Title of the work
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Elżbieta Olczak i Elżbieta Lubomirska, Mity greckie na wesoło. Warszawa: Muza, 2005, 64 pp.
Anthology of myths*
Courtesy of Elżbieta Lubomirska.
Author of the Entry:
Summary: Weronika Głowacka, University of Warsaw, email@example.com
Analysis: Marta Pszczolińska, University of Warsaw, firstname.lastname@example.org
Peer-reviewer of the Entry:
Katarzyna Marciniak, University of Warsaw, email@example.com
Elżbieta Olechowska, University of Warsaw, firstname.lastname@example.org
Photograph of the Author with her dog Niunia, courtesy of the Author.
Elżbieta Lubomirska (Illustrator)
MA in Painting at the Academy of Fine Arts in Warsaw; MA in Education at the University of Warsaw. She also completed a postgraduate Study of Psychotherapy at the Institute for Process Oriented Psychology in Warsaw. She freelanced for TVP2 (Public Television) and Studio Miniatur Filmowych (a production company specialising in short movies) in Warsaw, designing and implementing animation of fairytales for children. Since 1999, she has collaborated with a number of publishers: Nowa Era, Pracownia Pedagogiczna, DEMART, Wydawnictwa Szkolne i Pedagogiczne, MAC Edukacja, Wydawnictwo Szkolne PWN, Wydawnictwo Edukacyjne Kraków, Grupa Edukacyjna, Bellona.
Bio kindly provided by the Author.
Photograph courtesy of the Author.
, b. 1967
Elżbieta Olczak graduated from the Faculty of the Humanities of the Catholic University of Lublin (KUL) in History. After graduation, she studied French in Paris for a year and obtained a diploma there. She taught history for the next eight years at general education high schools in Gdynia. During the following decade, she worked in a publishing house in Warsaw, designing and editing educational texts for teaching history: textbooks, exercise books, historical atlases, acetates, and teaching aids. She also edited popular publications in the area of art history, often at her initiative and according to her design.
During this time, she wrote and published educational materials: Historia. Zeszyt do ćwiczeń na mapach konturowych dla liceum [History. Book of Exercises on Contour Maps for High Schools], 2001; Historia. Zeszyt ćwiczeń dla 1 klasy gimnazjum [History. Book of Exercises for Grade I of Gymnasium], 2002; Historia. Szkoła podstawowa. Zestaw foliogramów [History. Elementary School. Set of Acetates], 2006; she also co-authored Spotkania z historią. Atlas z komentarzami źródłowymi dla gimnazjum [Encounters with History. An Atlas with Source Commentaries for High Schools], 2007. With Elżbieta Lubomirska she wrote Mity greckie na wesoło [Greek Myths for Fun], 2005; with Małgorzata Balsewicz Historia Polski – 100 wydarzeń [History of Poland — 100 Events], 2010. She is currently working for the WW2 Museum in Gdańsk, in the research section, organizing the permanent exhibition of the new Museum, including a show space designed for children and young people. She also supervises preparation of scholarly books published by the Museum.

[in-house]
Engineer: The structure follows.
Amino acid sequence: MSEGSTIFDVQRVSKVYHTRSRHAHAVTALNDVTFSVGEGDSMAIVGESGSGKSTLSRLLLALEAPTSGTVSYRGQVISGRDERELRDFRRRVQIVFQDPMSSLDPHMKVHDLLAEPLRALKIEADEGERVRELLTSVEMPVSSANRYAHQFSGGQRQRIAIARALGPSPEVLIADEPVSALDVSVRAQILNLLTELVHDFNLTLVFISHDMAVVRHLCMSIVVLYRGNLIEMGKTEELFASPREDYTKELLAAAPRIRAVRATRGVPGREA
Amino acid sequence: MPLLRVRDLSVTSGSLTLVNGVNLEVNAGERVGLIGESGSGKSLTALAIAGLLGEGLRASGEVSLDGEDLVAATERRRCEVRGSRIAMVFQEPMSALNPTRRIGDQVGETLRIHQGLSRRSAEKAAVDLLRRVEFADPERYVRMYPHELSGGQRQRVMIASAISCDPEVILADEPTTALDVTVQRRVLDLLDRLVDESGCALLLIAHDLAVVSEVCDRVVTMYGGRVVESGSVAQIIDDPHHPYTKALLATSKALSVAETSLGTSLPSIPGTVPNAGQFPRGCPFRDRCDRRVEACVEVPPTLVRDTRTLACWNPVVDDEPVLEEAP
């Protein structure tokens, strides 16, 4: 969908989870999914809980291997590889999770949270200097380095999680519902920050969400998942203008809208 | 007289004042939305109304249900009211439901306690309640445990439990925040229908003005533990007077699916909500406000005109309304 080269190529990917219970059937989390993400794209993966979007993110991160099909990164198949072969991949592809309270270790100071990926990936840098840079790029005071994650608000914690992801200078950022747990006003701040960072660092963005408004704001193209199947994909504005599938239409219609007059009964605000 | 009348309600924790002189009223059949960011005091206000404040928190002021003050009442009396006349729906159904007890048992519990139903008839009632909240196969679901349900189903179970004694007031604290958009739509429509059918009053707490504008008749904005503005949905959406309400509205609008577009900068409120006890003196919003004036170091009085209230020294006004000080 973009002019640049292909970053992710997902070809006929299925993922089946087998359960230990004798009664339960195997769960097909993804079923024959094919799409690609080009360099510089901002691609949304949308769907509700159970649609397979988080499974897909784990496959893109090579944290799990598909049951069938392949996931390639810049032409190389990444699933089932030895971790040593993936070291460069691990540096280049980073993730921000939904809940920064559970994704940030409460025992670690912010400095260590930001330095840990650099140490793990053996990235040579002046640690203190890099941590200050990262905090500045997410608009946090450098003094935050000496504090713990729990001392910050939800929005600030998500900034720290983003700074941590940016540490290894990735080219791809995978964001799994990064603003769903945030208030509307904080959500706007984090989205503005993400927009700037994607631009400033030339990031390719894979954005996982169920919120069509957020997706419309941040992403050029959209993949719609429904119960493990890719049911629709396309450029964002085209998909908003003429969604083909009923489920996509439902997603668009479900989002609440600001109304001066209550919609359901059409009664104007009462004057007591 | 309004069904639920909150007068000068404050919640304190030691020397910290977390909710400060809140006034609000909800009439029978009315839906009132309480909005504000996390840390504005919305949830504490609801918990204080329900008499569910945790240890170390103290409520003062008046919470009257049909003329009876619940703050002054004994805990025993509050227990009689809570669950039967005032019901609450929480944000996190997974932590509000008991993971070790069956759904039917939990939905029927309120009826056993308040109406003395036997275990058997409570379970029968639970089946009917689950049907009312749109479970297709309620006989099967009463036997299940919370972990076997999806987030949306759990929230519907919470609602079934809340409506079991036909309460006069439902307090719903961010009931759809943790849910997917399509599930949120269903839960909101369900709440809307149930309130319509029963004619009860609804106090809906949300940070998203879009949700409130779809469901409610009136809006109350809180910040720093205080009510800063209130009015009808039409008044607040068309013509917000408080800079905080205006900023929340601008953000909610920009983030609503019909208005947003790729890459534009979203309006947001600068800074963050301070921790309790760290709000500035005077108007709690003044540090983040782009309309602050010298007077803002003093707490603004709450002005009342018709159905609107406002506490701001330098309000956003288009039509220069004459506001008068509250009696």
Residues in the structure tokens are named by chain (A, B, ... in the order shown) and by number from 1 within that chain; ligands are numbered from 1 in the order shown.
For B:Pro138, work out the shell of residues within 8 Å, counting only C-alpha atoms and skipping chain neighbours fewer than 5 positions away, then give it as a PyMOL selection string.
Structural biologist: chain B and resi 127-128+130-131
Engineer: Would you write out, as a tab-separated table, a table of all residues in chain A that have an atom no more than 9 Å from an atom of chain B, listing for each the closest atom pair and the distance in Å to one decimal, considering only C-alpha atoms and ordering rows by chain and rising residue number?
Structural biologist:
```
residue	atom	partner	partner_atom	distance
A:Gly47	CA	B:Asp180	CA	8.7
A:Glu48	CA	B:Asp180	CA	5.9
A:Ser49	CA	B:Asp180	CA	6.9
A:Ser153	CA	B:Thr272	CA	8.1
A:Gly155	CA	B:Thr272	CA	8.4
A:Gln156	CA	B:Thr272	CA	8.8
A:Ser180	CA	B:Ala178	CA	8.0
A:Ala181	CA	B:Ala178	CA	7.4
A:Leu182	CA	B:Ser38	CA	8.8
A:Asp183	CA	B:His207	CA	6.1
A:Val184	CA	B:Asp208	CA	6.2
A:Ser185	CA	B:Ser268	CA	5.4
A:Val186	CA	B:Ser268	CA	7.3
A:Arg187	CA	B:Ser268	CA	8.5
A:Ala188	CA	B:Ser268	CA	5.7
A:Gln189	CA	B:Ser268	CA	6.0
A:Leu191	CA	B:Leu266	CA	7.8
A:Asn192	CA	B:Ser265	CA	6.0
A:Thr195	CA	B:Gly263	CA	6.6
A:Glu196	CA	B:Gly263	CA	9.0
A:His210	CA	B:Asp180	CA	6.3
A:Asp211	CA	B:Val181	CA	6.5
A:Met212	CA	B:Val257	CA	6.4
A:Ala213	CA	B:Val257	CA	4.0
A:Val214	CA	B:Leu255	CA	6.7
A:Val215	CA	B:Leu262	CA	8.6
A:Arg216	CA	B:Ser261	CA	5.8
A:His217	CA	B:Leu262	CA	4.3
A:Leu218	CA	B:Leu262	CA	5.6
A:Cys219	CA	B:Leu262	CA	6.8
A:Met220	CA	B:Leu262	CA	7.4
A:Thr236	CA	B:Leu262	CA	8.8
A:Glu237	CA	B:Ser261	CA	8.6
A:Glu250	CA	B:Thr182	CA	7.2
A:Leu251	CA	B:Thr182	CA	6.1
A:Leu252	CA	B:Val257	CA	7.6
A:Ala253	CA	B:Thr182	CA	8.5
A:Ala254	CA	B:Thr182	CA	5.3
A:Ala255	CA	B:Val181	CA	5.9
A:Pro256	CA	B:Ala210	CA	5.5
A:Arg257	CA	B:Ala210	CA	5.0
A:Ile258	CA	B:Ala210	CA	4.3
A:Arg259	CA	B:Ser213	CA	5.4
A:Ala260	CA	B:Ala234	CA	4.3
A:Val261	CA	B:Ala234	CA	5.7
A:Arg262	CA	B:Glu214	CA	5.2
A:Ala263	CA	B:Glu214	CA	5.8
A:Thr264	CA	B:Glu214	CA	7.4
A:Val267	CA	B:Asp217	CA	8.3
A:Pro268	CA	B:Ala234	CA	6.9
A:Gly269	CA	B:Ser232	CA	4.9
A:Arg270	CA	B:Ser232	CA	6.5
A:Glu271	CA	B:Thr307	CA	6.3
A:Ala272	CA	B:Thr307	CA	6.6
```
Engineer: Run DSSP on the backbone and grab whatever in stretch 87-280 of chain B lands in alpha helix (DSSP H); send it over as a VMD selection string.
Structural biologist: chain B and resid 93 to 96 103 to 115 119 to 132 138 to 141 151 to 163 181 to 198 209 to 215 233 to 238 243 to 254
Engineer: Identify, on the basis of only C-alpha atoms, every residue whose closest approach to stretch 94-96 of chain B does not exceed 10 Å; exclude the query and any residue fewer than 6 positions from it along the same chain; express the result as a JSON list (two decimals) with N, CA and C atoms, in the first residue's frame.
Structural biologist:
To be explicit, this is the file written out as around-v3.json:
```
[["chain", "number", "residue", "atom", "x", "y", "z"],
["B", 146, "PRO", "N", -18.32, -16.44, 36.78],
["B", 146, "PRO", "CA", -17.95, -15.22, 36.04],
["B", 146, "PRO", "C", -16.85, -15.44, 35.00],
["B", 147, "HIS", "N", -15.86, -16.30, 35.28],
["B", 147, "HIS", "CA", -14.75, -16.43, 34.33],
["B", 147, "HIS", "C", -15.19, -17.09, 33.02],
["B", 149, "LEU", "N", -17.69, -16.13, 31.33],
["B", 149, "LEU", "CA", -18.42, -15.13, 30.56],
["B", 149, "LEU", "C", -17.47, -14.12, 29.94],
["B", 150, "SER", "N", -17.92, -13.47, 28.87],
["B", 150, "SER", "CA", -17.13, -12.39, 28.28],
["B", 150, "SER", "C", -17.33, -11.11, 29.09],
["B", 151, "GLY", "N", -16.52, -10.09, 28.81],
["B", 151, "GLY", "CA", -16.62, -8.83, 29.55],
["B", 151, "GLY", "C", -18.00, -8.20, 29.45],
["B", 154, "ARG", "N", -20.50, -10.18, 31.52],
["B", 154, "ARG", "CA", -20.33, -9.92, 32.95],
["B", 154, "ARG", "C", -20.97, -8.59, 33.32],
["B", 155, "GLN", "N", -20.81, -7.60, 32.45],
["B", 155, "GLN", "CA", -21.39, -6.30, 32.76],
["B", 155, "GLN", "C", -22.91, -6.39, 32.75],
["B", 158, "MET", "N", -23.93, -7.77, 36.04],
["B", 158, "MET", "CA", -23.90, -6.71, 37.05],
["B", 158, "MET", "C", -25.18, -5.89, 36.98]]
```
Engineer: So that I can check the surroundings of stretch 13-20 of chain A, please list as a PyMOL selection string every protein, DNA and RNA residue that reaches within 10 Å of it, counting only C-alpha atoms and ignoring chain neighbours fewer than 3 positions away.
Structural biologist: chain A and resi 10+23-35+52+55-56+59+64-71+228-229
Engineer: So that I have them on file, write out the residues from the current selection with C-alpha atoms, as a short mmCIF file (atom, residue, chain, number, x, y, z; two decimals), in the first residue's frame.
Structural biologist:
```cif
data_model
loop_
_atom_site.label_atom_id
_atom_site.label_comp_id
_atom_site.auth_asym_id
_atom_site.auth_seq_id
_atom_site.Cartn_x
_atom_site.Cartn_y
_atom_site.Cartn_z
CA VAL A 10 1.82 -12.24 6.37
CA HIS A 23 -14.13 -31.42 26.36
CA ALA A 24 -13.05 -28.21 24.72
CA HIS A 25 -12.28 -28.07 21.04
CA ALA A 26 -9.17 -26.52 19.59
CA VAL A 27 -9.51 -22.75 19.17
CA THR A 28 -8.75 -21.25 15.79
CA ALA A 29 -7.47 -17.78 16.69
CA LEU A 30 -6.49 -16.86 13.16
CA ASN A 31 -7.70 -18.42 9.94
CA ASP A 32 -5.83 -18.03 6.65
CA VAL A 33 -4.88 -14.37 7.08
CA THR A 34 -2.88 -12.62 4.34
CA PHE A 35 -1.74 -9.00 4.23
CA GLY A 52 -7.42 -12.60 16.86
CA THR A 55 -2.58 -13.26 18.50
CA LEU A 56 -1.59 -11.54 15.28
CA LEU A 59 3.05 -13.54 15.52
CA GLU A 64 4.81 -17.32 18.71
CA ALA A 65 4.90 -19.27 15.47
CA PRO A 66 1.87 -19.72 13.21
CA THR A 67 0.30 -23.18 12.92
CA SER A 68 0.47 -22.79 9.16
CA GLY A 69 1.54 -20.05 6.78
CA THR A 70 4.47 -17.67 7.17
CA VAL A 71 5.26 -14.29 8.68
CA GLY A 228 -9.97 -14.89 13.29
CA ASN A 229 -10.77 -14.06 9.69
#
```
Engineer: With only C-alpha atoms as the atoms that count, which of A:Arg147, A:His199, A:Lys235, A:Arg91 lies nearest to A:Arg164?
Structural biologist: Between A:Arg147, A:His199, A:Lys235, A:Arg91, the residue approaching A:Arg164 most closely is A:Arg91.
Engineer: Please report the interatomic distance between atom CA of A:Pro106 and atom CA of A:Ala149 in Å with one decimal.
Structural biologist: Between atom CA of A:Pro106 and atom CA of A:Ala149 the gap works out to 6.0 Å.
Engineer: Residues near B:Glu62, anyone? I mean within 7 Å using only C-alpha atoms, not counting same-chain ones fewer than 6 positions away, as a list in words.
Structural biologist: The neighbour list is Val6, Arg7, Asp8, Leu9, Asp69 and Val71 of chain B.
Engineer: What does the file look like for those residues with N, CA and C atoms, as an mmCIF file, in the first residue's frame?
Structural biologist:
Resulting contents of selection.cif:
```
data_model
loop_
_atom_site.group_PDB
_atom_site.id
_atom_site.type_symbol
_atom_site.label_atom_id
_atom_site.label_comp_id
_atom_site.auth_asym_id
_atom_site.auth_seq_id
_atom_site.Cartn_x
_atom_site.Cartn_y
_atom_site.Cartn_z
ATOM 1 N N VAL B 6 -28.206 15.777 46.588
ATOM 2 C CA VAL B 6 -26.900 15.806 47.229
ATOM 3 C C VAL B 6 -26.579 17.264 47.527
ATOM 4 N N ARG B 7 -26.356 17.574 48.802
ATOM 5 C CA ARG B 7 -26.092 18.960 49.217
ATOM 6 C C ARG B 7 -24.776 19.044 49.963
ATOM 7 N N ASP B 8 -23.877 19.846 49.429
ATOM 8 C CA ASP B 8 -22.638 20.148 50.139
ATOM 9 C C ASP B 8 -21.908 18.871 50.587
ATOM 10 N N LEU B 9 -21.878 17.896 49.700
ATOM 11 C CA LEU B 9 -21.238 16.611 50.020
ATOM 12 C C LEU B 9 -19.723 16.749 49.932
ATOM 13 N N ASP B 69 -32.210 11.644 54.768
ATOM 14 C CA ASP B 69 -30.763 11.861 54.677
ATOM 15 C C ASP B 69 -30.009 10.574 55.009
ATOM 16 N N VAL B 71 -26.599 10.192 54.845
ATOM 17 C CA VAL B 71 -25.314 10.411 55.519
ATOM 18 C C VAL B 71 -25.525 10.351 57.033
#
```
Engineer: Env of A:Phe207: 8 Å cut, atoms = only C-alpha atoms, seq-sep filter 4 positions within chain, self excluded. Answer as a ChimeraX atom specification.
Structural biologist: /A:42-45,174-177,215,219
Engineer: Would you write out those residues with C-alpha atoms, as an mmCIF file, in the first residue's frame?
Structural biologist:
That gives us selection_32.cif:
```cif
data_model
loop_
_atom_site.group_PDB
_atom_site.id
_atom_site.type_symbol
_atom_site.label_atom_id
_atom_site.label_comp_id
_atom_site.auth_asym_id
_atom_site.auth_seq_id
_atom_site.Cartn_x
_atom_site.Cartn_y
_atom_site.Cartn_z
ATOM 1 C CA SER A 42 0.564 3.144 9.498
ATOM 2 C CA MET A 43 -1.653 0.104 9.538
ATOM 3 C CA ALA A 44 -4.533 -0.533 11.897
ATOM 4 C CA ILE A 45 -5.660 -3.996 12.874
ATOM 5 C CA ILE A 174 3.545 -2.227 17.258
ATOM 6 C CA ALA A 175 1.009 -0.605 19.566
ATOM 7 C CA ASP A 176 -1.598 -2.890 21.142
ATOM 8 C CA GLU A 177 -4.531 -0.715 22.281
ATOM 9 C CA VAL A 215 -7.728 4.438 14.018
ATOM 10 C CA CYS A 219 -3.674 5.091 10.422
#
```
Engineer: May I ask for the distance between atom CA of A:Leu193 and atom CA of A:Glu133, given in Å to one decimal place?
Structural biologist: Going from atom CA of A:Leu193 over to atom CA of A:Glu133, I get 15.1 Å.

Bio courtesy of the Author.
Based on: Katarzyna Marciniak, Elżbieta Olechowska, Joanna Kłos, Michał Kucharski (eds.), Polish Literature for Children & Young Adults Inspired by Classical Antiquity: A Catalogue, Faculty of “Artes Liberales”, Warsaw: University of Warsaw, 2013, 444 pp.,
The book is a collaborative work: Elżbieta Olczak wrote the text, and Elżbieta Lubomirska prepared the illustrations and the book’s design. The most important Greek gods and the myths about them are presented pleasantly and amusingly. The gods look and behave like average humans, with all their virtues and vices. Some topics, like love, betrayals and romances of the gods, usually difficult to understand for very young children, are presented in an accessible and amusing way. Colourful illustrations show the main features of the gods and their stories; the book also contains descriptions of individual gods. It begins with an interpretation of myths about Zeus, followed by myths about Hera, Athena, Poseidon, etc. The language is simple and adapted for very young readers. The maps of Ancient Greece help to situate locations referred to in the myths, making mythology easier to understand.